November 2, 2020
The non-binary photographer chronicles the harsh realities of life for LGBTQ+ people in a hostile country. Ahead of a major Tate show, the artist reveals why ‘just existing is political’
Amid the plethora of essays in the catalogue for Zanele Muholi’s forthcoming retrospective at Tate Modern, there is a moving testimony by Lungile Dladla, a South African lesbian. Entitled I Am Not a Victim but a Victor, it recounts how, on an evening in February 2010, she and a friend were accosted by an armed stranger, who ushered them into a field and ordered them to lie face down with their hands behind their backs.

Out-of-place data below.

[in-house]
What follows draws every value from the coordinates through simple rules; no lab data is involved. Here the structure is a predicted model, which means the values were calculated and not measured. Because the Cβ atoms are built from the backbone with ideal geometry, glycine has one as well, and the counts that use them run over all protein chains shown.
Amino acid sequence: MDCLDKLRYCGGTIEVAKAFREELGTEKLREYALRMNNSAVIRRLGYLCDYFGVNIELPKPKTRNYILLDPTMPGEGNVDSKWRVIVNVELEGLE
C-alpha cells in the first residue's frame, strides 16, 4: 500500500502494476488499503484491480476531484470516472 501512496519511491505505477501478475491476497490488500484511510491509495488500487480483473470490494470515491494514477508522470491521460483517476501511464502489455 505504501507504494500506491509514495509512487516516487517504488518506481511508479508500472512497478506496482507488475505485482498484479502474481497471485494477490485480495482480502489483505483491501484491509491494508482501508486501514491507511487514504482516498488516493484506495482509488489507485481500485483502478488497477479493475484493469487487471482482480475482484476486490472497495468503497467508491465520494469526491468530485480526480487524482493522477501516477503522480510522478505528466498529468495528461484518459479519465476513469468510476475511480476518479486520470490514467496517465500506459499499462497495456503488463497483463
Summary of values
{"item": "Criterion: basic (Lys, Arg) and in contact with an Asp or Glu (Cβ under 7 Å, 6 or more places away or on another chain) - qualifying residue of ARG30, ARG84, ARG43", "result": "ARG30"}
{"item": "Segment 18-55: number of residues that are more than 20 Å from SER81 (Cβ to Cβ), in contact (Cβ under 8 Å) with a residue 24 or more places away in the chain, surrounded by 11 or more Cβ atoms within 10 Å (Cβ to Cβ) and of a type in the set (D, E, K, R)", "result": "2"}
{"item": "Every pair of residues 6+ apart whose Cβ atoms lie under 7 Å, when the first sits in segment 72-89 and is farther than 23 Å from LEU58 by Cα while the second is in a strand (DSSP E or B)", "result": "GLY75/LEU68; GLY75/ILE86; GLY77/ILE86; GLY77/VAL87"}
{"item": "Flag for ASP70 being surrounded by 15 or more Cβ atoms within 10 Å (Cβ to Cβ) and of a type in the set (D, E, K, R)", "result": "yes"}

“We did as told,” she writes, “because we feared for our lives as he had a gun in his hand and threatened to use it if we did not do as he said. He undressed us and said, ‘Today ngizoni khipha ubutabane.’” (“Today I will rid you of this gayness.”)